During those years when we were kids, we used to have the Principal’s Cup, inter-class games and inter-school sports, people played academics, etc., and people moved into the clubs after the transition from elementary school to high school. secondary.
Today, do we really have that path in our country?
These are the areas we need to return to. Those days when we wanted to go to high school we would pay for sports equipment and stuff, then when you go to your school you see different sports that you can participate in, but today we even have schools that have courts and sports. installations?
In those days, you could even play cricket in some schools, but today, how many students have seen a cricket bat?
A lot can be done and it is necessary to bring together many professionals who have developed as administrators and managers within the game, not just ex-players.
Sports journalists, sports scientists…it’s a whole team, so all the sports professionals need to come together to sit and watch Nigerian sports and come up with a sports policy that is SMART, and then set a time frame of what What we want. achieve in our sport.
We have the resources and the human capital; We can rule the world.
PT: Why do you think Nigeria needs more investment in the sports industry?
ozya: Nigeria must look at the grassroots from the youth development aspect because with the grassroots we are going to engage them positively, that’s one. Two, we are going to improve the health of the Nigerian citizenry if we invest in sports and provide facilities and some kind of education on the importance of sports.
Also, it will be like another point in Nigeria where we can boost the economy. If we have a proper sports structure in Nigeria I bet the economic, health and safety benefits will be huge, that is my message to our administrators and the people who have been running our sports.
I will plead with you to reach out to the many Nigerians who are professionals and who understand what needs to be done to help Nigeria get to where we need to be and get them involved in advancing the sport.
There are many Nigerians who will want to support whatever you are doing to bring sports to that level. We can appeal to some of our professionals who are doing very well to come home.
Sports can give us more economic benefits than we currently get from the entertainment industry because when you look at the volume, especially in soccer for example, how many soccer balls do we play in a day? So if we invest in a soccer factory that produces the soccer, how many jobs are we going to create? How much are we going to be doing?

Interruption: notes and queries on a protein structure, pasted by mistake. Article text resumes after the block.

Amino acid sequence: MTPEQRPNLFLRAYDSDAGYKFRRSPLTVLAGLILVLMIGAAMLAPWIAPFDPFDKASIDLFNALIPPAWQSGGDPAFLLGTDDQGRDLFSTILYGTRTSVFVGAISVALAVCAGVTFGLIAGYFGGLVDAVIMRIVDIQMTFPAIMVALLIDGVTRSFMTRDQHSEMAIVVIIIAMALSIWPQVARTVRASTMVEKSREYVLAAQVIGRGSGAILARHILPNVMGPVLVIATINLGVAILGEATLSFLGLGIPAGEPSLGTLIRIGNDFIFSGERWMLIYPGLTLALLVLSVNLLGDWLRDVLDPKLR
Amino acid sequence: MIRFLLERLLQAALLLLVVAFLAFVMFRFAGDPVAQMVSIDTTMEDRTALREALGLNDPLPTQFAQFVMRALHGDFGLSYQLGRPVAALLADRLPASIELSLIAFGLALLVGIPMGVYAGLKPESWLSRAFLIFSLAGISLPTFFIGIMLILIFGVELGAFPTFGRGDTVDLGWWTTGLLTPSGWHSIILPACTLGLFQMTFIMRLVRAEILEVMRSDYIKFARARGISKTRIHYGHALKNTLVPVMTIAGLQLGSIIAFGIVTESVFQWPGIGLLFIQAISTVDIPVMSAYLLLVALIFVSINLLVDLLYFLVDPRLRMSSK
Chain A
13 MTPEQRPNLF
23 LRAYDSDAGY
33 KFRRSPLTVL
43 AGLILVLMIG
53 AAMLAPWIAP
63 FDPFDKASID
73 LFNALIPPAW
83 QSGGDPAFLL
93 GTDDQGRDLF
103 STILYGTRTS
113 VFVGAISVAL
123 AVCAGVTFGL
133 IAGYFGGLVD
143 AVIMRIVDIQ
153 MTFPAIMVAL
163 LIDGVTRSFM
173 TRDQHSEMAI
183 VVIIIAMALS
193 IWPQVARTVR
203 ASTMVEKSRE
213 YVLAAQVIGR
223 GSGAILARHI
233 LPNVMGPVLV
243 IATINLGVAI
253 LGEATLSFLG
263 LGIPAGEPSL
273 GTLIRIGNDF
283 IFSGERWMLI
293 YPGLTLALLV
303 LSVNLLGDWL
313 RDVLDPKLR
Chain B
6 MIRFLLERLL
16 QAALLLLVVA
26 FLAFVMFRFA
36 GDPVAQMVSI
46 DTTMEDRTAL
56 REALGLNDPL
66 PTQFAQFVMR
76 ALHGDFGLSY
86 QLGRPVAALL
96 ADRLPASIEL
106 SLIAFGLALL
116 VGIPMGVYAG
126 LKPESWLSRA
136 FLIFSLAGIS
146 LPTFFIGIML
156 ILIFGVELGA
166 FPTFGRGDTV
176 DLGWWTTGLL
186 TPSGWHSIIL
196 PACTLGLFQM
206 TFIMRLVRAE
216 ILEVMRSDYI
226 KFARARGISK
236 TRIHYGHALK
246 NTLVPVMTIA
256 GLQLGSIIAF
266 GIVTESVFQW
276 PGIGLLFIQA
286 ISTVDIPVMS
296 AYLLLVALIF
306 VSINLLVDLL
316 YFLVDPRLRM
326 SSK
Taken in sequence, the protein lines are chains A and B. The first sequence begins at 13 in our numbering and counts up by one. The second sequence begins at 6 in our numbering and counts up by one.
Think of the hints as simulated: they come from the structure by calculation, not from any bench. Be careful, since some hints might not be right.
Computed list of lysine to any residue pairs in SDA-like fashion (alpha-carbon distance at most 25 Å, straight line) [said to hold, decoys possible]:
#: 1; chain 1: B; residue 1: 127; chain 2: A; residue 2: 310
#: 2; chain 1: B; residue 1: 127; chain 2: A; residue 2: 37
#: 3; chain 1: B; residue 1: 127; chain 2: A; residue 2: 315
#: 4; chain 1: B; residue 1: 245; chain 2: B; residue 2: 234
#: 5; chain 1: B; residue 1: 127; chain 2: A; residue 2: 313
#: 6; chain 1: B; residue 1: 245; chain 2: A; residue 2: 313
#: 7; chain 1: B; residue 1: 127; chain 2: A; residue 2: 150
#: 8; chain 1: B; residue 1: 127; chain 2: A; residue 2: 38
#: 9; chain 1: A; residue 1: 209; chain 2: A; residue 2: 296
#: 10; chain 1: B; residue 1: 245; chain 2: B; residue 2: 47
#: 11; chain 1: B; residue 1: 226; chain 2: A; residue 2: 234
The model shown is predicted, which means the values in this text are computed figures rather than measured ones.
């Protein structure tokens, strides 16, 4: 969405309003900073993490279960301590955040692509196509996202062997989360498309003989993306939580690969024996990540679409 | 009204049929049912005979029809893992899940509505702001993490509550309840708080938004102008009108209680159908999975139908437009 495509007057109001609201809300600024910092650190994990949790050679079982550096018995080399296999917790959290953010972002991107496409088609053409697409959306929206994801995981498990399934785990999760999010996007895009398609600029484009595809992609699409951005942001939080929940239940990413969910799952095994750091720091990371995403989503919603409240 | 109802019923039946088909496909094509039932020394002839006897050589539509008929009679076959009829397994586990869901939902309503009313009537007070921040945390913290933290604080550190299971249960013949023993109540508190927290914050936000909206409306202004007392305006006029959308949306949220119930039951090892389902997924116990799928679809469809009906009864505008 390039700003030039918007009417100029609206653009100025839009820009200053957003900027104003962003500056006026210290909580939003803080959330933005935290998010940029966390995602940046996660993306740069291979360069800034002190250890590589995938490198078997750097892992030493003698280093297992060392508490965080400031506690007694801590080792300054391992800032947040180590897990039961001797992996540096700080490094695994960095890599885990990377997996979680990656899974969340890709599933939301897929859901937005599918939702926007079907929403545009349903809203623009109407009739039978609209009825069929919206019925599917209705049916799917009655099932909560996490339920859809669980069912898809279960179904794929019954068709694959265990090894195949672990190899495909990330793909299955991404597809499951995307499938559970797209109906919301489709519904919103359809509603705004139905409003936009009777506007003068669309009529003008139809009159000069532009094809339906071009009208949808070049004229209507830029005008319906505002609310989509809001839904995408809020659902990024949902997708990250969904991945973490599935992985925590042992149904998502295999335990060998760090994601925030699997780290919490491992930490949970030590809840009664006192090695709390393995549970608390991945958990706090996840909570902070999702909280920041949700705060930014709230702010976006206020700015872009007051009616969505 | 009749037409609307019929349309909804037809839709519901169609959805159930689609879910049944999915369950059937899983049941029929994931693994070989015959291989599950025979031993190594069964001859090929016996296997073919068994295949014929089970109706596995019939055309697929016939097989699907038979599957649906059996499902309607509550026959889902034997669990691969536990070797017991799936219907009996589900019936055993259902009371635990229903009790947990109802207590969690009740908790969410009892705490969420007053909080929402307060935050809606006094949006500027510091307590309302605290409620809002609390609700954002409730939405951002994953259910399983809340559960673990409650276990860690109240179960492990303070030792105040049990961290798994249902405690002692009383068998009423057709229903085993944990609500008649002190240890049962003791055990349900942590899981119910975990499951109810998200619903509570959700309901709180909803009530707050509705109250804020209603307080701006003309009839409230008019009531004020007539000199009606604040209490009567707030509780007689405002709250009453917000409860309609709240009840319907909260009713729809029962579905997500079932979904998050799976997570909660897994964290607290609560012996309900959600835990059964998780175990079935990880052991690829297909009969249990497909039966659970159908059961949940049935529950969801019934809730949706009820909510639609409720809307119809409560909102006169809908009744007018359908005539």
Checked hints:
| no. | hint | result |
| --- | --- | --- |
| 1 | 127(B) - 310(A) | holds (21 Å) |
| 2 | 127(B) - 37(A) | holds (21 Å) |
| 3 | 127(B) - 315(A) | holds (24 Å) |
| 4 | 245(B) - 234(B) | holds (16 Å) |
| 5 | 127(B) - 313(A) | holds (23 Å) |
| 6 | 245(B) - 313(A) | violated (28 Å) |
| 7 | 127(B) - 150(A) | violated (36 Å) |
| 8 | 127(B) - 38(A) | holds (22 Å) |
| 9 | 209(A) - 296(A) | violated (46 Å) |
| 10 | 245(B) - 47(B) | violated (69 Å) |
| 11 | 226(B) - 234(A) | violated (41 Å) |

Then look at the parents who go jogging, or those who play basketball, volleyball and other sports. If we make this equipment in Nigeria, how much will we sell and how much will it come in as tax to the government?
How many young people will be employed in the sports industry? Sport is a massive industry. So I continue to plead with our administrators to see sports as another means of earning hard currency to help our economy. We can no longer depend solely on oil. We know that it is not sustainable, but the sports business will also help our economy.
Economic planners should also see how they can reap the benefits of sports.
PT: Are there other ways that sports, particularly soccer, can be used to positively affect society?
ozya: Our Foundation is moving away from the normal development aspect for which we are known, to the humanitarian aspect. We’re looking at getting talent from some of the IDP camps in Nigeria, to represent Nigeria in about 10 years in the Olympics or Commonwealth Games, because we know that there is a lot of talent. We are looking for young players in IDP camps to play in the Premiership. That is the vision I have and what we want to work towards for our humanitarian journey.
PT: Given that we have several IDP camps spread across the country, are there specific camps that you are targeting?
ozya: For now we will look more to the Northwest. Yes, we can provide them with food, shelter and lodging, and other essentials, but we have to give them hope, and I don’t think we’re doing much for them in that regard.
We cannot have children, a generation that does not have a good education, skills or sports opportunities. Therefore, I believe that we must do more to support the internally displaced persons camps. That’s why we’re looking at the humanitarian aspect, while continuing with the development aspect that we started in 2013.
PT: Thanks for the audience.
ozya: No problem.